CRI Office Hour : Monday - Friday, 09.00 - 17.00

+66 2553 8555

+66 2553 8527

Laboratory of Biotechnology

Laboratory of Biotechnology


Director: Professor Emeritus Dr. Skorn Mongkolsuk

Biotechnology has evolved from basic research in the fields of biochemistry, genetics, and microbiology. This is reflected in the multidisciplinary nature of research carried out in this laboratory. The broad goal of the laboratory of biotechnology is to apply the latest technologies to the institute’s priority research areas.

Medical Biotechnology

Antimicrobial resistance (AMR) is a global threat to human health and is recognized as a silent pandemic. A recent report revealed that deaths associated with bacterial AMR numbered 4.95 million per year worldwide in 2019, including 1.27 million directly attributable to AMR. Nosocomial, or hospital-acquired, infections are major contributors to the death toll and negatively affect public health in both developed and developing countries. Medical Biotechnology research studies encompass: host-microbe interactions, oxidative stress responses, molecular analyses of AMR mechanisms (from the central dogma to phenotype) and connections between human, animal and environmental health to tackle AMR, using a “One Health Approach”. Pseudomonas aeruginosa, Escherichia coli, Stenotrophomonas maltophilia, Saccharomyces cerevisiae, and Candida albicans are the microbes of interest. Areas of research in Medical Biotechnology can be divided into three approaches:


  1. Antimicrobial resistance: One health approach
  2. Elucidation of antimicrobial resistance mechanisms in pathogenic bacteria
  3. Stress responses in pathogenic bacteria

Insights gained from these studies will contribute to the development of new treatments for bacterial and fungal infections.

Environmental Biotechnology

 Water fecal pollution has been a persistent problem not only in urban areas but also in agricultural regions, especially in areas where livestock is raised. Our laboratory focuses on utilizing enteric microorganisms that are specific to each host, such as humans, pigs, cows, and birds, to track sources of fecal contamination; so-called Microbial Source Tracking (MST). The capability to accurately identify fecal pollution sources will facilitate water resource management and restoration. Additionally, since the COVID-19 pandemic, we have used Wastewater-based Epidemiology (WBE) techniques to monitor the genome levels of COVID-19 in wastewater to serve as an early or real-time warning of community outbreaks. WBE has the advantages of detecting disease circulation in asymptomatic patients and reducing the number of samples, and thus the costs, necessary for community surveillance. Consequently, WBE can complement clinical testing to guide targeted public health measures.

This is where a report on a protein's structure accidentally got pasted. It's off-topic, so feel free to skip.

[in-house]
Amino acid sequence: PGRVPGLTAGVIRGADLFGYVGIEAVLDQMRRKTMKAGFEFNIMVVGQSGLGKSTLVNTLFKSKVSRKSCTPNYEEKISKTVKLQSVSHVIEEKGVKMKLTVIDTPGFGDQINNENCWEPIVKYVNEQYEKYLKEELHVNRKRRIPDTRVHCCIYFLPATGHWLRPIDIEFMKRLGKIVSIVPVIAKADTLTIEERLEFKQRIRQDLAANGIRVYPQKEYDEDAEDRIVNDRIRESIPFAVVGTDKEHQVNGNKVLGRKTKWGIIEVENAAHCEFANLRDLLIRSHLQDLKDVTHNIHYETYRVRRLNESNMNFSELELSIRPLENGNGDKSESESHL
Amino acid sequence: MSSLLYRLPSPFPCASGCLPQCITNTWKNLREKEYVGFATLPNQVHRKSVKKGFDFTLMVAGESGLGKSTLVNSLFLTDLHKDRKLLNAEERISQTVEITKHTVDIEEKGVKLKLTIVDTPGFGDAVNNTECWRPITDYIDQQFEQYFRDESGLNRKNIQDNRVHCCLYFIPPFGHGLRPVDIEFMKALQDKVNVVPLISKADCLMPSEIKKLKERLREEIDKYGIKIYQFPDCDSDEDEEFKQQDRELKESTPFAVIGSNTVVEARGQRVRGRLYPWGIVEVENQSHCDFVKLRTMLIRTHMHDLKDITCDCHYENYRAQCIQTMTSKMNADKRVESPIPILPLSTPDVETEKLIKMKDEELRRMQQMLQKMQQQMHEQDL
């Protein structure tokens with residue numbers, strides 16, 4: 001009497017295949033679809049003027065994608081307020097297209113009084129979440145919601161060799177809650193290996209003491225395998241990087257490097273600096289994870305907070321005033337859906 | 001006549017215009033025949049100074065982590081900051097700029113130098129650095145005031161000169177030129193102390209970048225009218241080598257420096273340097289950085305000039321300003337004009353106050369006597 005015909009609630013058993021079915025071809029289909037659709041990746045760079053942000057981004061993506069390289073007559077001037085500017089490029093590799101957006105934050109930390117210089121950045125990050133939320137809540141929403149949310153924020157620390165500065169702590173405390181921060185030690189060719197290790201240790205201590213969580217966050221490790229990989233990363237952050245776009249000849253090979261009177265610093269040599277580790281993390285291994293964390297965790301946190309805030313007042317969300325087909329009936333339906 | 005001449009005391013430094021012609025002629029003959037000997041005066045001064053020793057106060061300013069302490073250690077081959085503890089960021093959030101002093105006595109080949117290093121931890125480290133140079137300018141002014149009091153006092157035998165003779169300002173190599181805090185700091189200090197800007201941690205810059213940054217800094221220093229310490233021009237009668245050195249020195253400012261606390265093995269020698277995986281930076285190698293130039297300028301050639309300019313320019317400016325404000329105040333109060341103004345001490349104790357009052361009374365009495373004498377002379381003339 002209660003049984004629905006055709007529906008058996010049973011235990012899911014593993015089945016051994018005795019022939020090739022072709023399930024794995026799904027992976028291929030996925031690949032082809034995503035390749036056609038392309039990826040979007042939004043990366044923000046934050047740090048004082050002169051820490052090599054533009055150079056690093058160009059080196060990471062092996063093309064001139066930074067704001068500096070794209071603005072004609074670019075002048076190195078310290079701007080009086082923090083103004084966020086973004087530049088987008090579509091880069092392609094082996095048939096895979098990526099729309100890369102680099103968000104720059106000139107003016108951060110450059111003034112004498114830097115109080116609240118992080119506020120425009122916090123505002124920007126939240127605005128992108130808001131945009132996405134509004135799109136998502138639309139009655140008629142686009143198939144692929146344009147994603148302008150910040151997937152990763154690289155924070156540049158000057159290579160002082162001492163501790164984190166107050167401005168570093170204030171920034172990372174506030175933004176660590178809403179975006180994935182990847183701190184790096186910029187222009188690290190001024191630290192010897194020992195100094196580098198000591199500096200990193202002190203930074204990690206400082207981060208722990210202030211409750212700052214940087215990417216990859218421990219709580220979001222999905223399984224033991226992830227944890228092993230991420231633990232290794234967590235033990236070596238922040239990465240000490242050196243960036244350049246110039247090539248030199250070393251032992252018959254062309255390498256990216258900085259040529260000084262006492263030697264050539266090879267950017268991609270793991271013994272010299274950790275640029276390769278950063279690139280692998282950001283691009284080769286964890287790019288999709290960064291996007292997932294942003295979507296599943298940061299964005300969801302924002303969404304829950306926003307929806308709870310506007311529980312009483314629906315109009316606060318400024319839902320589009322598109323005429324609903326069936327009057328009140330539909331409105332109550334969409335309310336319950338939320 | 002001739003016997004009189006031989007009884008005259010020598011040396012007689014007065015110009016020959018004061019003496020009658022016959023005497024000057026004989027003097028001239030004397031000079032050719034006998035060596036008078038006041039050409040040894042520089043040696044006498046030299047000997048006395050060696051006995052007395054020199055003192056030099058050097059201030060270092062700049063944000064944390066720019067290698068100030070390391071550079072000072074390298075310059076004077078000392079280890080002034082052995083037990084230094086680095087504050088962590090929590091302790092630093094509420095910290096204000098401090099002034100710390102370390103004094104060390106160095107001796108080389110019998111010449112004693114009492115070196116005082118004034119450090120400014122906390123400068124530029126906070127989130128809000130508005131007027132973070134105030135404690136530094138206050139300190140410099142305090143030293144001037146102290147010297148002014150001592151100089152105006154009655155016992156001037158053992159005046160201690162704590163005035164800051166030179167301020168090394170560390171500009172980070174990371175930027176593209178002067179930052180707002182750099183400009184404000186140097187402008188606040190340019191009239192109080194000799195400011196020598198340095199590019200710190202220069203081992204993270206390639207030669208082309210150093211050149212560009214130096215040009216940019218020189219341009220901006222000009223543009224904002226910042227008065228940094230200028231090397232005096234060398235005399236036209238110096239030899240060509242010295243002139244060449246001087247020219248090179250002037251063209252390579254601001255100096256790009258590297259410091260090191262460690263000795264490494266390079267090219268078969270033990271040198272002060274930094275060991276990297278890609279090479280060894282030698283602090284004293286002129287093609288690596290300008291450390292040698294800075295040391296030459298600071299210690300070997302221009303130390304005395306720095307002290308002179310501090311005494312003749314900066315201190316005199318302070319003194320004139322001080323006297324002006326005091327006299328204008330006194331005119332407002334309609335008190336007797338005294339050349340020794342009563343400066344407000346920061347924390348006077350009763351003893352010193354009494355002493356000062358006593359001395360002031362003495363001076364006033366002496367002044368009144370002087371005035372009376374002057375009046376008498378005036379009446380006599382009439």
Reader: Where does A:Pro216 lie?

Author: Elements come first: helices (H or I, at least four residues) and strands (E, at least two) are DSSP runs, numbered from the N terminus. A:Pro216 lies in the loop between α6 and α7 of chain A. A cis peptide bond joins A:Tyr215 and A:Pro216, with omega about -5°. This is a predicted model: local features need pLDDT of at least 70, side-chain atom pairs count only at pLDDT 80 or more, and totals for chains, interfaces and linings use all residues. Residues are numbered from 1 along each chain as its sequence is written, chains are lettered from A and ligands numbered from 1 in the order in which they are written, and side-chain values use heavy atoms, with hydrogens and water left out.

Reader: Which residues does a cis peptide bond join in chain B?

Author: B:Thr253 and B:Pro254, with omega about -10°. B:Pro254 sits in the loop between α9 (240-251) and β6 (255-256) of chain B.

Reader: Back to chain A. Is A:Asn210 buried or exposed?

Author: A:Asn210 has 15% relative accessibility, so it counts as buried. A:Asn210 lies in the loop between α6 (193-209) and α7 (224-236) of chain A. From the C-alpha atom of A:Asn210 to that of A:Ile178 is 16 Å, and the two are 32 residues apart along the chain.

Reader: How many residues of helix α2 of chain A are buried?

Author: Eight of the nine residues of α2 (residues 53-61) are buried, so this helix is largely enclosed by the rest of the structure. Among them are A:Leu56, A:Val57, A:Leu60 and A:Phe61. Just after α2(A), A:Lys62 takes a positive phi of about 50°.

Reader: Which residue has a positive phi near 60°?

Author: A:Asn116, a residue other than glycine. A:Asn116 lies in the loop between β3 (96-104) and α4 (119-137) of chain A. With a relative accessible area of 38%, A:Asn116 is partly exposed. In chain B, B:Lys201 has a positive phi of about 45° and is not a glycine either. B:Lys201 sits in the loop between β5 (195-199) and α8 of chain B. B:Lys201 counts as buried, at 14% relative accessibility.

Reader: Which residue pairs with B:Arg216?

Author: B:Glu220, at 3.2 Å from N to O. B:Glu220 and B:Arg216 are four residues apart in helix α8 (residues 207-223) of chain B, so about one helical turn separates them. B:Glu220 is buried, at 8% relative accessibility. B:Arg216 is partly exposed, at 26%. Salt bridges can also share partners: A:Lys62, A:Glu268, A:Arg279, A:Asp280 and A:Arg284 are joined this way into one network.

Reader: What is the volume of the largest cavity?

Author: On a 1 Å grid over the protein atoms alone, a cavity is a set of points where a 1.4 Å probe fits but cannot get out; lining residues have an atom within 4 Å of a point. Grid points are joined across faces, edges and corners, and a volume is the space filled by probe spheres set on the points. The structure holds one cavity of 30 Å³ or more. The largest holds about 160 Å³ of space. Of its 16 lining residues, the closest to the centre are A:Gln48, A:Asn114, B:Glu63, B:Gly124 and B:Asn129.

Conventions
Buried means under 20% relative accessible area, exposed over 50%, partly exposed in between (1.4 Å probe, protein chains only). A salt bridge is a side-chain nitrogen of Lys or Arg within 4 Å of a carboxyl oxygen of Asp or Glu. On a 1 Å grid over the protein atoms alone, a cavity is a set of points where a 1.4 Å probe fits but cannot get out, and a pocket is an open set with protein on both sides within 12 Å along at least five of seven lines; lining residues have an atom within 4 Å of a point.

Another major research theme in Environmental Biotechnology is the analysis of how bacteria sense and respond to environmental pollutants, such as metals, biocides and antibiotic residues. These pollutants can exert selective pressures on bacteria that can promote the development of antibiotic resistance through co-selection. These responses are being investigated in the soil bacterium, Agrobacterium tumefaciens, and human pathogens such as Pseudomonas aeruginosa.

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Research & Academic Activities


Laboratory of Biotechnology​

Chulabhorn Research Institute

8th Floor, Biomedical Science Building

54 Kamphaeng Phet 6 Rd. Talat Bang Khen, Lak Si, Bangkok 10210 THAILAND


+66 2553 8555
ext. 8557

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